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and ii such that the eigenvalues of the overall closed-loop system are assigned as close as possible to the desirable locations. It is well known that a descriptor system has a more complicated structure and contains not only finite dynamical modes, but also infinite modes including infinite non-dynamical and dynamical modes. The infinite dynamical modes can generate undesired impulse behaviour. To guarantee the exis- tence and uniqueness of solution for a design system, it is always assumed that the system is regular (Cobb 1984). It is simple to show that the descriptor system in (17) is regular and impulse-free, and if the isolated subsystems given by (4) are controllable and observable, the descriptor sub- systems ii ii ii are strongly controllable, observable and sE sI 19 sE sI 20 where ), ), and are transfer functions of the original large-scale system, the equivalent descriptor system, the diagonal system composed of isolated subsystems given by (4), and the diagonal descriptor system composed of isolated subsystems given by (18), respectively (Labibi 2001). Therefore, control of the descriptor system results in control of the original system with the same controller. No assumption is made on the controll- ability and observability of the isolated subsystems. Since the large scale system given in (1) is observable, it is always possible to find a similarity transforma- tion to transform the system into the output decentralized form where matrix is block diagonal and ij 0 for (Lunze 1992). This transformation is based on the observability matrix of the original system given in (1) and is defined by 21 here, is the th row of the output matrix , and is the degree of the th subsystem. Then the isolated subsystems are observable and by appropriately decomposing the input matrix , it is possible to have controllable isolated subsystems. Hence, without loss of generality it is assumed the th isolated subsystem has the following equations or can be transformed to this case by using appropriate similar- ity transformation ii ii ij ij ii 22 Similarity transformations do not affect output feedback controllers. Therefore using a similarity transformation does not affect the diagonal dominance property. 5. Decentralized control via disturbance attenuation Consider the th isolated subsystem given by equation (4). In general the controller designed for each isolated subsystem is a dynamical controller. Assuming the th controller has state-space equations given by (6), it is simple to show that designing a dynamical output feedback controller with degree for the th subsystem can be reduced to design of a static controller for the augmented subsystem with the following state-space equations ii ii ii ii ii 23 where ii ii 00 ii ii and ii ii In order to avoid complexity in formulation, without loss of generality, in the rest of the paper it is assumed that in equation (22), the augmented matrices given in (23) are used. It can be shown that the overall closed-loop system has the 712 B. Labibi et al.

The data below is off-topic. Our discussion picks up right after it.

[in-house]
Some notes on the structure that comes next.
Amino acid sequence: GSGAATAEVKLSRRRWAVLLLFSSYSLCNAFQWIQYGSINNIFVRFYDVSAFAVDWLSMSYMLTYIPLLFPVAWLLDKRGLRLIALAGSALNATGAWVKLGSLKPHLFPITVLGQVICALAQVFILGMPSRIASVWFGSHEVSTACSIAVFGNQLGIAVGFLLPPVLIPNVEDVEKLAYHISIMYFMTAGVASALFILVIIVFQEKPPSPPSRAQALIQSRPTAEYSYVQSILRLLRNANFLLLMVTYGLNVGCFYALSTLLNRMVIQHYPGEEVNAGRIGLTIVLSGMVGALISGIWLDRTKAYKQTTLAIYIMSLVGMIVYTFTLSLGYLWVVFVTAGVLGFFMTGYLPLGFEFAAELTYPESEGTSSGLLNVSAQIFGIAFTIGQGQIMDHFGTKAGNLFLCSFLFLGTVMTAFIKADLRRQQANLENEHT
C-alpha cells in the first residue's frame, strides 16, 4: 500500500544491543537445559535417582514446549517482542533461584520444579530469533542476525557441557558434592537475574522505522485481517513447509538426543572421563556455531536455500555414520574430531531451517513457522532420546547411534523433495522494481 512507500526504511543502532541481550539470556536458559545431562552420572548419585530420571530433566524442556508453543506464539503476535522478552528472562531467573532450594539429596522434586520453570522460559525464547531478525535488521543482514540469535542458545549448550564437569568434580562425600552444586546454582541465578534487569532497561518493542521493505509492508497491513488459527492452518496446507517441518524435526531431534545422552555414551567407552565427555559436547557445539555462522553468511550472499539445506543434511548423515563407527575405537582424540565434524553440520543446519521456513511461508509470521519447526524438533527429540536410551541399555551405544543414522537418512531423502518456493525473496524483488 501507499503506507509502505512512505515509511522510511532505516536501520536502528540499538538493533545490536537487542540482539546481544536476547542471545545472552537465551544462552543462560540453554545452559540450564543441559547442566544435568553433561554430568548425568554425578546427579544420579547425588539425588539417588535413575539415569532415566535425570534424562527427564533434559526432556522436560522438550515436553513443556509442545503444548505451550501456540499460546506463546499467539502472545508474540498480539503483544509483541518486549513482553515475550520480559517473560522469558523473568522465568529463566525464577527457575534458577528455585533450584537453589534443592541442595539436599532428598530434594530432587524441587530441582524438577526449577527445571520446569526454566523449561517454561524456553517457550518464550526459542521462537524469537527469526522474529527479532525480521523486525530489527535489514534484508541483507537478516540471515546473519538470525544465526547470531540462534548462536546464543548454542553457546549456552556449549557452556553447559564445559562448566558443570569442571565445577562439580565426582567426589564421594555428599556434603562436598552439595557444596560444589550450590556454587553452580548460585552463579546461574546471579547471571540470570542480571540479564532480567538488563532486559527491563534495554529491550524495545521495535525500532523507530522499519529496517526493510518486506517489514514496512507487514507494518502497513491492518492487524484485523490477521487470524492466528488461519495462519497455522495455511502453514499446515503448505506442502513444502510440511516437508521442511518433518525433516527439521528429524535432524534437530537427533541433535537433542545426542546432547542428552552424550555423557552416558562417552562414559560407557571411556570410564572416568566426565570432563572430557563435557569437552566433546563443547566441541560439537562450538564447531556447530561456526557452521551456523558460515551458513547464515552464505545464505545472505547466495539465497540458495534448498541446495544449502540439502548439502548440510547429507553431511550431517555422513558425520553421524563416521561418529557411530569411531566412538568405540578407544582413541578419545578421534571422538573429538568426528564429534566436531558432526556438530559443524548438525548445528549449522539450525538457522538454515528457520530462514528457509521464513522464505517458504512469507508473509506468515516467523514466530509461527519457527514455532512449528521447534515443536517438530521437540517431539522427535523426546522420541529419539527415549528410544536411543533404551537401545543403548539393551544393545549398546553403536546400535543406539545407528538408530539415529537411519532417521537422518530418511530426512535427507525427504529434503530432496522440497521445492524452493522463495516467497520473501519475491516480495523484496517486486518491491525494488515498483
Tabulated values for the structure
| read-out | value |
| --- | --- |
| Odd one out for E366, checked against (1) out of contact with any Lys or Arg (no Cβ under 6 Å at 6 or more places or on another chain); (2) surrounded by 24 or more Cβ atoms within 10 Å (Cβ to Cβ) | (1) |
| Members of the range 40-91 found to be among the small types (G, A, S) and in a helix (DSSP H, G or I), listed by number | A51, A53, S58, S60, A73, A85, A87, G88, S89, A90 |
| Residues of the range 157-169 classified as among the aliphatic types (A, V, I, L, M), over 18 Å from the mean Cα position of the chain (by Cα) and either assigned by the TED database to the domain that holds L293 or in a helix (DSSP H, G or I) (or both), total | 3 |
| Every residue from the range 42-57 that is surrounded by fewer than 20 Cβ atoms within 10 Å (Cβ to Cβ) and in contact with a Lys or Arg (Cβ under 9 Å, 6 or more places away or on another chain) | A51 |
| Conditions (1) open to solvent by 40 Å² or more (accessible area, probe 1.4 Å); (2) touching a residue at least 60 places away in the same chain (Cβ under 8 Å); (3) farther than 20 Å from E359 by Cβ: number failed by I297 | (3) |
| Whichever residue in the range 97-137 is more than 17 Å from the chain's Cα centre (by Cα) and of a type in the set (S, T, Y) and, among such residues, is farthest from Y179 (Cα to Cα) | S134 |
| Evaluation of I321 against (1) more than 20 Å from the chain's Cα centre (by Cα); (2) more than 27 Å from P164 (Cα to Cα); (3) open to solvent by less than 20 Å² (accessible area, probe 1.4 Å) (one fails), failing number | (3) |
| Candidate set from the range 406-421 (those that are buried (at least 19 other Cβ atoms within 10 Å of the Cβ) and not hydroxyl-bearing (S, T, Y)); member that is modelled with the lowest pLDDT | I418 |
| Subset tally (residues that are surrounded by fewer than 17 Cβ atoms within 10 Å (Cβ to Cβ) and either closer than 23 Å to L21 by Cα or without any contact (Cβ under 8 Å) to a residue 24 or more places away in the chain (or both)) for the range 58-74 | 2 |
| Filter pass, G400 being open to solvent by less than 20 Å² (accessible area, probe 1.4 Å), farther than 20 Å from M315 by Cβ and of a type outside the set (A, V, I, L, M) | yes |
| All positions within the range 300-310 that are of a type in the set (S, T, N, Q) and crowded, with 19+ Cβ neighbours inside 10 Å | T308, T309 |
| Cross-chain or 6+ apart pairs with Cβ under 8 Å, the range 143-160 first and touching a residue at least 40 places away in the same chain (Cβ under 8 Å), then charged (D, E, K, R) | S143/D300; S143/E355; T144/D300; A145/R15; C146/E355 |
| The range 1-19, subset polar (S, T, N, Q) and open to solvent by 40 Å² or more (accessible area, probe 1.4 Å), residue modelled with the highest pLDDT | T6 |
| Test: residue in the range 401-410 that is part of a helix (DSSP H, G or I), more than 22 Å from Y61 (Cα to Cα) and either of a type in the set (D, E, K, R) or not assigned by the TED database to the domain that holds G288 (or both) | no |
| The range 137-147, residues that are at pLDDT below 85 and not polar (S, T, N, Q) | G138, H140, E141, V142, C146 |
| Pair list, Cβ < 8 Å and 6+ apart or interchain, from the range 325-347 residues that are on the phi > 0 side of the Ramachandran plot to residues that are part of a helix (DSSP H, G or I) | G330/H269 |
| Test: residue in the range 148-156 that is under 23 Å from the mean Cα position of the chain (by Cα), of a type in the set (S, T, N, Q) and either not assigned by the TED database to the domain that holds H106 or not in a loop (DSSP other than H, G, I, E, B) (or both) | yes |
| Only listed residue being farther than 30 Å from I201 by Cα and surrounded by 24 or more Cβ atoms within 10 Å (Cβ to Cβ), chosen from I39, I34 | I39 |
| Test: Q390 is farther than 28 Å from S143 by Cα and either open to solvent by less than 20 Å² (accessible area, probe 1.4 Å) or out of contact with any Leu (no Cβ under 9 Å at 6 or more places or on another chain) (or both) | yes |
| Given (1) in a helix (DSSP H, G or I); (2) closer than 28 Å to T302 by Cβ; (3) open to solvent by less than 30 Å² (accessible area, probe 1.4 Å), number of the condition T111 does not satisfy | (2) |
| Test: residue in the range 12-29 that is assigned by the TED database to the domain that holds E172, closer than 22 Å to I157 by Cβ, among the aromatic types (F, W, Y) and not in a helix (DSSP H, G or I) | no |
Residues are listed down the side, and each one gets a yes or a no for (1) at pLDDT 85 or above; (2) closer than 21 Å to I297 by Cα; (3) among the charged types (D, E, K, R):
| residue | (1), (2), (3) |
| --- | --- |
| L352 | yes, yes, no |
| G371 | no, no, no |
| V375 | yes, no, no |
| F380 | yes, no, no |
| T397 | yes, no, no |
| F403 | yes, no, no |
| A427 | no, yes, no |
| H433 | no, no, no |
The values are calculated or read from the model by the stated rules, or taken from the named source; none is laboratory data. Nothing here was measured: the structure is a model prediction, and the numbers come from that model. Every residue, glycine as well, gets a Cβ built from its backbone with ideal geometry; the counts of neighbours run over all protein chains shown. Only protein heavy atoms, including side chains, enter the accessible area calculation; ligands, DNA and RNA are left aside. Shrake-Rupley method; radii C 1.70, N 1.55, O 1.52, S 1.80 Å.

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following form where is the th reference input, and sE ii ii ii ii The outputs of the th subsystem of the overall closed-loop descriptor system are given by ii hi ii ii ii 25 where ii ii iN hi and ij 00 0 ij ij 00 0 Therefore, minimizing ii , such that ii < ii 1, 26 where is a positive scalar and kk is a norm of ( ), reduces interactions between the subsystems and the output of the th closed-loop descriptor subsystem is given by ii ii ii ii 1, ... 27 where sI ii ii ii which is exactly the output of the th closed-loop system given by equations in (4). This means that ii is an approximation to ii ii The residual of ii is the matrix ii The relative error in ii is the number (Stewart 1973) ii ii < 1, ... 28 Therefore by choosing small values for ’s, this error will be reduced. Considering the th output ii ii ii 29 it can be seen that minimizing the term ii minimizes the interactions between the subsystems. Thus, in equation (29) the states of the other descriptor subsystems can be considered as external disturbances for each isolated descriptor subsystem. Since 30 where ii sI ii ii ii ii sI ii ii ii ii ii sI ii ii ii ii ii sI ii ii sI ii ii ii sI ii ii and ii sI ii ii ii ii sI ii ii ii ii ii sI ii ii ii ii it is simple to show that ii ii ABi kk 31 11 11 12 ... 11 22 21 22 ... 22 NN NN ... NN 11 11 22 22 NN NN 24 Diagonal dominance via eigenstructure assignment 713